Monday, August 04, 2008

Three things every Guardian writer and reader needs to know about the Tories

Jenni Russell has an article in the Guardian praising David Cameron. It is an interesting piece precisely because of the errors of fact and analysis in it.

Russell has completely bought the Cameron spin that the Tory Party has changed and is now a party of the centre ground, having marginalised the right-wingers in the same way that Tony Blair marginalised the left. Instead, she claims, the dividing line is that both parties want to achieve similar things, but Labour takes an authoritarian, top down, pessimistic and centralised approach to doing so, and the Tories take a more liberal, bottom up, optimistic approach.

This is an analysis which many people who read the Guardian will find quite plausible, and if it were true, it would be lethal for Labour. Labour can't win an election with just the support of people who read the Guardian, but it certainly can't win without them.

However, Russell's analysis is based on the following three myths:

1. 'Cameron has shifted the Conservatives on to the centre ground'

Cameron hasn't taken on and defeated the right-wing of his party, and there hasn't been a Clause 4 moment - the right-wing of the Tory Party is much more powerful than the left-wing of the Labour Party was in 1994 or thereafter.

The pledge about 'keeping to Labour spending plans for 2 years', which is cited in the article, means not cutting taxes before 2010, and therefore constrains a Tory government not at all. On every issue imaginable, from the environment to poverty to privatising the Royal Mail, the Tories have been lurching rightwards in recent months.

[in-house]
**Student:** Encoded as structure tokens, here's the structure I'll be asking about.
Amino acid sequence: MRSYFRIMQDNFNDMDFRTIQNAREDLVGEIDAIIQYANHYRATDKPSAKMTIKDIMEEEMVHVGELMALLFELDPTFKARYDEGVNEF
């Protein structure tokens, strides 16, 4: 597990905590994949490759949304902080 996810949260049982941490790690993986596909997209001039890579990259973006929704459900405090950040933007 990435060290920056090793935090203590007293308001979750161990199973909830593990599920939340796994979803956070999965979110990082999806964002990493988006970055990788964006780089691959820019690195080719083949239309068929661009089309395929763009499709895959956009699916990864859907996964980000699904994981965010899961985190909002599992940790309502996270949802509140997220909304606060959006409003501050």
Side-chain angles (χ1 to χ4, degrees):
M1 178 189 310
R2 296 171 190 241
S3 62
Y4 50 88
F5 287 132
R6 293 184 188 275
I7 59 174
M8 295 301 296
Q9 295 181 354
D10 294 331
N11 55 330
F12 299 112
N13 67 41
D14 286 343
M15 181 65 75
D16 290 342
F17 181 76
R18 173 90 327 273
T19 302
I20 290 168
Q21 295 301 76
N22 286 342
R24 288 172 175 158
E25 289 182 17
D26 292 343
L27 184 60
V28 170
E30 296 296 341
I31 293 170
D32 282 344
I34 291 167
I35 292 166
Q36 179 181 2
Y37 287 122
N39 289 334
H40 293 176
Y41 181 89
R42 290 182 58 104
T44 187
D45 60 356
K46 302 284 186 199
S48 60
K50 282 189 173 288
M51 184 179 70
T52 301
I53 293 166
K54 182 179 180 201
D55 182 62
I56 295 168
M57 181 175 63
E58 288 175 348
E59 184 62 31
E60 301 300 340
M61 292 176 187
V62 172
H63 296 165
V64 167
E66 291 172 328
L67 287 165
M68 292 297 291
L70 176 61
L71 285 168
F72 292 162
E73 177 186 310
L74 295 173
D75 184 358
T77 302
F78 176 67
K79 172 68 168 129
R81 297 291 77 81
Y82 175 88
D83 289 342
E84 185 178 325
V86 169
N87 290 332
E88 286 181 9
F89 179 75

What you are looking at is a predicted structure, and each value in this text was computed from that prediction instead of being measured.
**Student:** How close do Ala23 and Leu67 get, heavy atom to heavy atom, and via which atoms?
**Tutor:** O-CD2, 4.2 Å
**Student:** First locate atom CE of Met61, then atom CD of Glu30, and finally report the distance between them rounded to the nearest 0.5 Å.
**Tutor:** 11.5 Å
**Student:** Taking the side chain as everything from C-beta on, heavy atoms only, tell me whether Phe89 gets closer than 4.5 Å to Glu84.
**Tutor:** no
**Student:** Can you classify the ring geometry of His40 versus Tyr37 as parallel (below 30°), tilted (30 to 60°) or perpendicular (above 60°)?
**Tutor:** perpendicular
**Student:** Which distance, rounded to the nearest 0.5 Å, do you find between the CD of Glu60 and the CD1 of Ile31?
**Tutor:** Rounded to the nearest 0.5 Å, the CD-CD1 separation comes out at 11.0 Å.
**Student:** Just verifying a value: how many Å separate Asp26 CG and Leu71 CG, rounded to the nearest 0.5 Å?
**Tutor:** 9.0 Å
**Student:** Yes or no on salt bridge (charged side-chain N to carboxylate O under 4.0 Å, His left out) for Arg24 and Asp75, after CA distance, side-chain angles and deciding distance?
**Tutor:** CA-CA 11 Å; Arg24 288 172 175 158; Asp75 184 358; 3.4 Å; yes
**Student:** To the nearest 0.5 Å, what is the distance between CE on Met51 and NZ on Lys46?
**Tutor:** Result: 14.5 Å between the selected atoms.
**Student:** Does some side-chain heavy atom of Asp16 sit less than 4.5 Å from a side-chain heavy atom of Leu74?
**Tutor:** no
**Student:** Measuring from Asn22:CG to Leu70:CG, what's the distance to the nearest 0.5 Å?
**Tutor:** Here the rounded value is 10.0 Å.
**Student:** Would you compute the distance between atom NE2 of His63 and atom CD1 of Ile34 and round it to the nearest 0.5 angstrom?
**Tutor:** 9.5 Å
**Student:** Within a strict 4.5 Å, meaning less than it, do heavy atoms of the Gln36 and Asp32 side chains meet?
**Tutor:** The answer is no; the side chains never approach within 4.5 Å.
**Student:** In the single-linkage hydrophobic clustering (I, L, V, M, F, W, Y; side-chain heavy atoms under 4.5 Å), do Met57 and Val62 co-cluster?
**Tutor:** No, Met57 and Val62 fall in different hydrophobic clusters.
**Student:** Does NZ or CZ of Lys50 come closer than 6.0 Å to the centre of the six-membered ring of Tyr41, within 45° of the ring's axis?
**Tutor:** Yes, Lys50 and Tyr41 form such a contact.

2. 'The Tories have promised plenty of action on poverty and inequality'

Russell mentions the minimum wage, tax credits and child poverty as examples of how the Tories have adopted social justice. But they have refused to sign up to meeting Labour's targets for reducing and ending child poverty, saying that they will "aspire" to meet them, but won't "pledge" to meet them. (Want to know how much an 'aspiration' to end child poverty is worth? If you've got one of those 'aspirations' and 70p, you can buy a copy of the Guardian.)

They might not support abolishing the minimum wage or tax credits - but even in David Cameron's 2005 election manifesto with Michael Howard as leader (back when Guardian columnists knew that the Tories were right-wing and nasty) they promised to retain the minimum wage. What they have done since is to vote against all the increases in tax credits and the minimum wage. If they continue to do this in government, it will mean that over time people on low incomes end up worse-off.

That's even before we get on to their plans to cut taxes for millionaires, the moralistic and failed approach of blaming people for being poor, or their welfare reform policies which are far nastier and less effective than Labour's. But, hey, at least 'they sound nicer' and are 'morally indignant' when talking about poverty. (For those keeping score, 'sounding nice' and 'being morally indignant' are worth about as much as one of those 'aspirations').

3. 'It's impossible to know how far the Tory agenda would be delivered in office, or how successful it would be'

It is certainly possible to make an educated guess, providing your research goes beyond repeating Conservative Party talking points. You could look at what has happened when Tories have gained power in local authorities, for instance. Or you could look at other countries where their policies have been tried out. Or what happened when people on the centre-left across the Atlantic decided that there was no real difference between a boring and uncharismatic technocrat whose party which had been in power for a while and a 'compassionate Conservative'.